Jeremy U. Espino

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INTRODUCTION Computer-based outbreak and disease surveillance requires high-quality software that is well-supported and affordable. Developing software in an open-source framework, which entails free distribution and use of software and continuous, community-based software development, can produce software with such characteristics, and can do so rapidly.(More)
A surge of development of new public health surveillance systems designed to provide more timely detection of outbreaks suggests that public health has a new requirement: extreme timeliness of detection. The authors review previous work relevant to measuring timeliness and to defining timeliness requirements. Using signal detection theory and decision(More)
The goal of the Real-time Outbreak and Disease Surveillance (RODS) Open Source Project is to accelerate deployment of computer-based syndromic surveillance. To this end, the project has released the RODS software under the GNU General Public License and created an organizational structure to catalyze its development. This paper describes the design of the(More)
ICD-9-coded chief complaints and diagnoses are a routinely collected source of data with potential for use in public health surveillance. We constructed two detectors of acute respiratory illness: one based on ICD-9-coded chief complaints and one based on ICD-9-coded diagnoses. We measured the classification performance of these detectors against the human(More)
j J Am Med Inform Assoc. 2003;10:409–418. DOI 10.1197/jamia.M1357. The rapid, early detection of disease outbreaks has become a national priority and an emerging field of research. Kaufmann et al., after analyzing several bioterrorism scenarios, concluded that ‘‘delay in starting a prophylaxis program is the single most important factor leading to increased(More)
OBJECTIVE Design, build and evaluate a symptom-based probabilistic chief complaint classifier for the Real-time Outbreak and Disease Surveillance System (RODS). BACKGROUND Scientists have utilized many chief complaint (CC) classification techniques in biosurveillance including keyword search, weighted keyword search, and naïve Bayes. These techniques may(More)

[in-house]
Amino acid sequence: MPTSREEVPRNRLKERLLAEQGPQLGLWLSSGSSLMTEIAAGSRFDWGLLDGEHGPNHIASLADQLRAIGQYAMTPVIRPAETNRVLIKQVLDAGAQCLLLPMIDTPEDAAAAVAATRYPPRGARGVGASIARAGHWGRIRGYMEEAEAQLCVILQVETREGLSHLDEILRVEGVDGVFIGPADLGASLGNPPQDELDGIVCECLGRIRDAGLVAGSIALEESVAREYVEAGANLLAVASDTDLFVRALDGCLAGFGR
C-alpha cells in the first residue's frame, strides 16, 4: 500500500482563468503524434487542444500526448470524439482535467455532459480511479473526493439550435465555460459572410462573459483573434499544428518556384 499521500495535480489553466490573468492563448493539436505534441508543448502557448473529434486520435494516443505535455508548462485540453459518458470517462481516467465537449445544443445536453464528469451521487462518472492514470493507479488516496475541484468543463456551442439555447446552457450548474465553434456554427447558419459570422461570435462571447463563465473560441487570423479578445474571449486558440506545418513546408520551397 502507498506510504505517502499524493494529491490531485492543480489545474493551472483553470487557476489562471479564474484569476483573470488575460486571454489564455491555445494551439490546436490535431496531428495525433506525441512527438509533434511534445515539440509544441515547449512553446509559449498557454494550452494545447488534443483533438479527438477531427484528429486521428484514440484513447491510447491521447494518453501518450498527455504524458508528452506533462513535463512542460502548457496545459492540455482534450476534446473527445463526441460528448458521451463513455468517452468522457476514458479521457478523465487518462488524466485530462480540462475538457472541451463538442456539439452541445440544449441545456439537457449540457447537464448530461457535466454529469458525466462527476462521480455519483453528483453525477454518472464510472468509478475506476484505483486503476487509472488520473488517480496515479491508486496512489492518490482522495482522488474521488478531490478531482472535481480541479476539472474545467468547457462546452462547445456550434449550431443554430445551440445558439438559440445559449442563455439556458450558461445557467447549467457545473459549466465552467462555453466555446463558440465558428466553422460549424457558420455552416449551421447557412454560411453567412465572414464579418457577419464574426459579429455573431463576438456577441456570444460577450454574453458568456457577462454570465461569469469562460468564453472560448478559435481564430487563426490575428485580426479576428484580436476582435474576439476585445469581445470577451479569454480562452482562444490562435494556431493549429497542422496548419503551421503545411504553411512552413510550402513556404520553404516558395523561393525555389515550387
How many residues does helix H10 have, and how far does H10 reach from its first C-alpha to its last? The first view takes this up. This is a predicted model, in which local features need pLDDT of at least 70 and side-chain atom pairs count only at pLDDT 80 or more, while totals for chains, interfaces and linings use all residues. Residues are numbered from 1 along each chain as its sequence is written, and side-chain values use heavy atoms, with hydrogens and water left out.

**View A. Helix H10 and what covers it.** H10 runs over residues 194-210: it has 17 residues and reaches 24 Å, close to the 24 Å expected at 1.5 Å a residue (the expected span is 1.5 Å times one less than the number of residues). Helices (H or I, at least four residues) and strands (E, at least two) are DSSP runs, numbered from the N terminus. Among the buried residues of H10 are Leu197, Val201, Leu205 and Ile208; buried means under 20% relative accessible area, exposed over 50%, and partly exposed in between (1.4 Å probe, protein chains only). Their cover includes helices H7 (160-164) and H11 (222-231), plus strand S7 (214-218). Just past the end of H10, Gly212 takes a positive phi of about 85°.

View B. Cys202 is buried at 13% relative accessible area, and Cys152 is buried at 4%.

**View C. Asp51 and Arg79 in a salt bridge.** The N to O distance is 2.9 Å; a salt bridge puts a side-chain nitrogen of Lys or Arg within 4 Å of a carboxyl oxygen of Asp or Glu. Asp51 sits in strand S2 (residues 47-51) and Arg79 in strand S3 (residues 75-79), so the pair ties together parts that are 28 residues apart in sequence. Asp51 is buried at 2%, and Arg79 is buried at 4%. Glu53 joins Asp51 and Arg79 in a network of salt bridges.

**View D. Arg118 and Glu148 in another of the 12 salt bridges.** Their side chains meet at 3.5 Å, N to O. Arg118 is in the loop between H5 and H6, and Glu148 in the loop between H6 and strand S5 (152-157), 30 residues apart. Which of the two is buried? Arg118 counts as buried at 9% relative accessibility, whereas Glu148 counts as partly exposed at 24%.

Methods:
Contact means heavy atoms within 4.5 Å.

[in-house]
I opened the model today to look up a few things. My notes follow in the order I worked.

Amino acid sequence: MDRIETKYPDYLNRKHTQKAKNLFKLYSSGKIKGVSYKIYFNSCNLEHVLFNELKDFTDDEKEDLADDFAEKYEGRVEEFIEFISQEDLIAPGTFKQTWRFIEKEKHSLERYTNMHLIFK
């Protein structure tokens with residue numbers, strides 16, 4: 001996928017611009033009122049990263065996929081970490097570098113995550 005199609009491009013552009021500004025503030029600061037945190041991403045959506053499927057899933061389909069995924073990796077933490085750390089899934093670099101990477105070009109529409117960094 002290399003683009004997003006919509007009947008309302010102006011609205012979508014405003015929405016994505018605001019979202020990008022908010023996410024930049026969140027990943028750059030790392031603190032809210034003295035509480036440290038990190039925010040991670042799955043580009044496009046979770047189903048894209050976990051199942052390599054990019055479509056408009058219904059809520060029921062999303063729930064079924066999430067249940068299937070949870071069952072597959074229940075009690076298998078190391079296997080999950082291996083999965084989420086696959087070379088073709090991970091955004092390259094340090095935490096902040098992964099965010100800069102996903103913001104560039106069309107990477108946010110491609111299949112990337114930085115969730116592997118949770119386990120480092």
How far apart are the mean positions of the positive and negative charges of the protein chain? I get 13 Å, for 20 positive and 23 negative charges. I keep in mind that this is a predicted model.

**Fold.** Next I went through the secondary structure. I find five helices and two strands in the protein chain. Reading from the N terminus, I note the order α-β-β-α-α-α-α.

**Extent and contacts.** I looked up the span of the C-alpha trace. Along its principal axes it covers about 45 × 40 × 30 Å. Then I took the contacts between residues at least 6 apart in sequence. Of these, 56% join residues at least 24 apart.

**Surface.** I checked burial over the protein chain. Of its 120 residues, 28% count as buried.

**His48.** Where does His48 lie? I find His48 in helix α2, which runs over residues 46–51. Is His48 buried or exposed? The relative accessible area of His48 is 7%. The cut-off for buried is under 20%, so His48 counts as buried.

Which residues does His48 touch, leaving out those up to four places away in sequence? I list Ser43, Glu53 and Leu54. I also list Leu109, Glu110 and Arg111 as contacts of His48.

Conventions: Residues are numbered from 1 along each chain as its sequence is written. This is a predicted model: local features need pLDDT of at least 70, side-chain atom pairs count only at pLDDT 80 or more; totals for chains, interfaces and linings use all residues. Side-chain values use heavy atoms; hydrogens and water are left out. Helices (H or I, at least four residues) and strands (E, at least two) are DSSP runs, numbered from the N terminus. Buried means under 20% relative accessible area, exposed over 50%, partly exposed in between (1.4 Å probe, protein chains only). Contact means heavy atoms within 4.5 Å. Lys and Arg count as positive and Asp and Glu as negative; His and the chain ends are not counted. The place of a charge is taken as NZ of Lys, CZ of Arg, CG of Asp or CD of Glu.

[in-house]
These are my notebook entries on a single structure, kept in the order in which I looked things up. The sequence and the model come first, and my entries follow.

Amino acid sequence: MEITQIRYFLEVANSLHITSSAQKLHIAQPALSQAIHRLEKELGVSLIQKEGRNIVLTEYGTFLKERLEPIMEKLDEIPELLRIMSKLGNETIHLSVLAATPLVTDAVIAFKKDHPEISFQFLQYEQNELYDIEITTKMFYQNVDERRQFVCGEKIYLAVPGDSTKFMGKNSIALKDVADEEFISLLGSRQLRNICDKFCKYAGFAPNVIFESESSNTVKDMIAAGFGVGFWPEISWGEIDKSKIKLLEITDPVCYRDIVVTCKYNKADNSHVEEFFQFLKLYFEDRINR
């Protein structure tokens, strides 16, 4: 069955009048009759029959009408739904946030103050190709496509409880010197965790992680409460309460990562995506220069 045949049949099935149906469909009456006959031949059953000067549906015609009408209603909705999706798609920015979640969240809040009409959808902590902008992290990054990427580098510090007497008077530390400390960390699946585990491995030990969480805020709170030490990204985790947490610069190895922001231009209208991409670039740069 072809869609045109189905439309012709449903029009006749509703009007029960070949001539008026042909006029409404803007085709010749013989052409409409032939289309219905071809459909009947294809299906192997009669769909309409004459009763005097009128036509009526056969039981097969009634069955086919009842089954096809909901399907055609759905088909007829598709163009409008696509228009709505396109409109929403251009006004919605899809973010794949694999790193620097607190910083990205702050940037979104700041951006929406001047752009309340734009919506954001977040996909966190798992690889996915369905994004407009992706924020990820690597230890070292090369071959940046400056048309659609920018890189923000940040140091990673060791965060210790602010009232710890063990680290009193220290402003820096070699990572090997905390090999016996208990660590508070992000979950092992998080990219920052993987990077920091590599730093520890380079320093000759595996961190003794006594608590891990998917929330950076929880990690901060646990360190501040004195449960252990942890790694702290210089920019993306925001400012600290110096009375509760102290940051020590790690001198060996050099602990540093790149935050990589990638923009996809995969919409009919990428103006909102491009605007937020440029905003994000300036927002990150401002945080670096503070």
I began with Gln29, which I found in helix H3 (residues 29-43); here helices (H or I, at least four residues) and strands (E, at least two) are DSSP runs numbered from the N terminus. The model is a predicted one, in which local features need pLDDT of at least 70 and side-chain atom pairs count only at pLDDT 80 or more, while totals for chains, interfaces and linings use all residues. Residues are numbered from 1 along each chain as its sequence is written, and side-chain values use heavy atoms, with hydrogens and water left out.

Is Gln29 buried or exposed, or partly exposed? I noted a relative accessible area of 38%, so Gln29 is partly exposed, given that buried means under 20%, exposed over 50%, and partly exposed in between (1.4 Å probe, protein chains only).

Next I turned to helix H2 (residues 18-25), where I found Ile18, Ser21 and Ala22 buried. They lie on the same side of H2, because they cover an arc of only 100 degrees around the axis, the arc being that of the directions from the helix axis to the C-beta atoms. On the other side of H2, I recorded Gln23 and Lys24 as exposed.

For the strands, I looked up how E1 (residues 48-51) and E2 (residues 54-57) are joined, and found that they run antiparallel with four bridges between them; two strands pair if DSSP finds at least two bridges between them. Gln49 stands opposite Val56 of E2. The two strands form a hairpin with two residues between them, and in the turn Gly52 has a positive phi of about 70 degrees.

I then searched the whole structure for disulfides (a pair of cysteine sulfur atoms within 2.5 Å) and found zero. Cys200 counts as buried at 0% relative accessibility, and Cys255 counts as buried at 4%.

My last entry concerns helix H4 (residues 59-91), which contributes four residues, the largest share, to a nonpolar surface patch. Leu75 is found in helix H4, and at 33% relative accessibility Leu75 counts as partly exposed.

During the 2001 AMIA Annual Symposium, the Anesthesia, Critical Care, and Emergency Medicine Working Group hosted the Roundtable on Bioterrorism Detection. Sixty-four people attended the roundtable discussion, during which several researchers discussed public health surveillance systems designed to enhance early detection of bioterrorism events. These(More)
We evaluated telephone triage (TT) data for public health early warning systems. TT data is electronically available and contains coded elements that include the demographics and description of a caller's medical complaints. In the study, we obtained emergency room TT data and after hours TT data from a commercial TT software and service company. We(More)
Given the post September 11th climate of possible bioterrorist attacks and the high profile 2002 Winter Olympics in the Salt Lake City, Utah, we challenged ourselves to deploy a computer-based real-time automated biosurveillance system for Utah, the Utah Real-time Outbreak and Disease Surveillance system (Utah RODS), in six weeks using our existing(More)
The PaTH (University of Pittsburgh/UPMC, Penn State College of Medicine, Temple University Hospital, and Johns Hopkins University) clinical data research network initiative is a collaborative effort among four academic health centers in the Mid-Atlantic region. PaTH will provide robust infrastructure to conduct research, explore clinical outcomes, link with(More)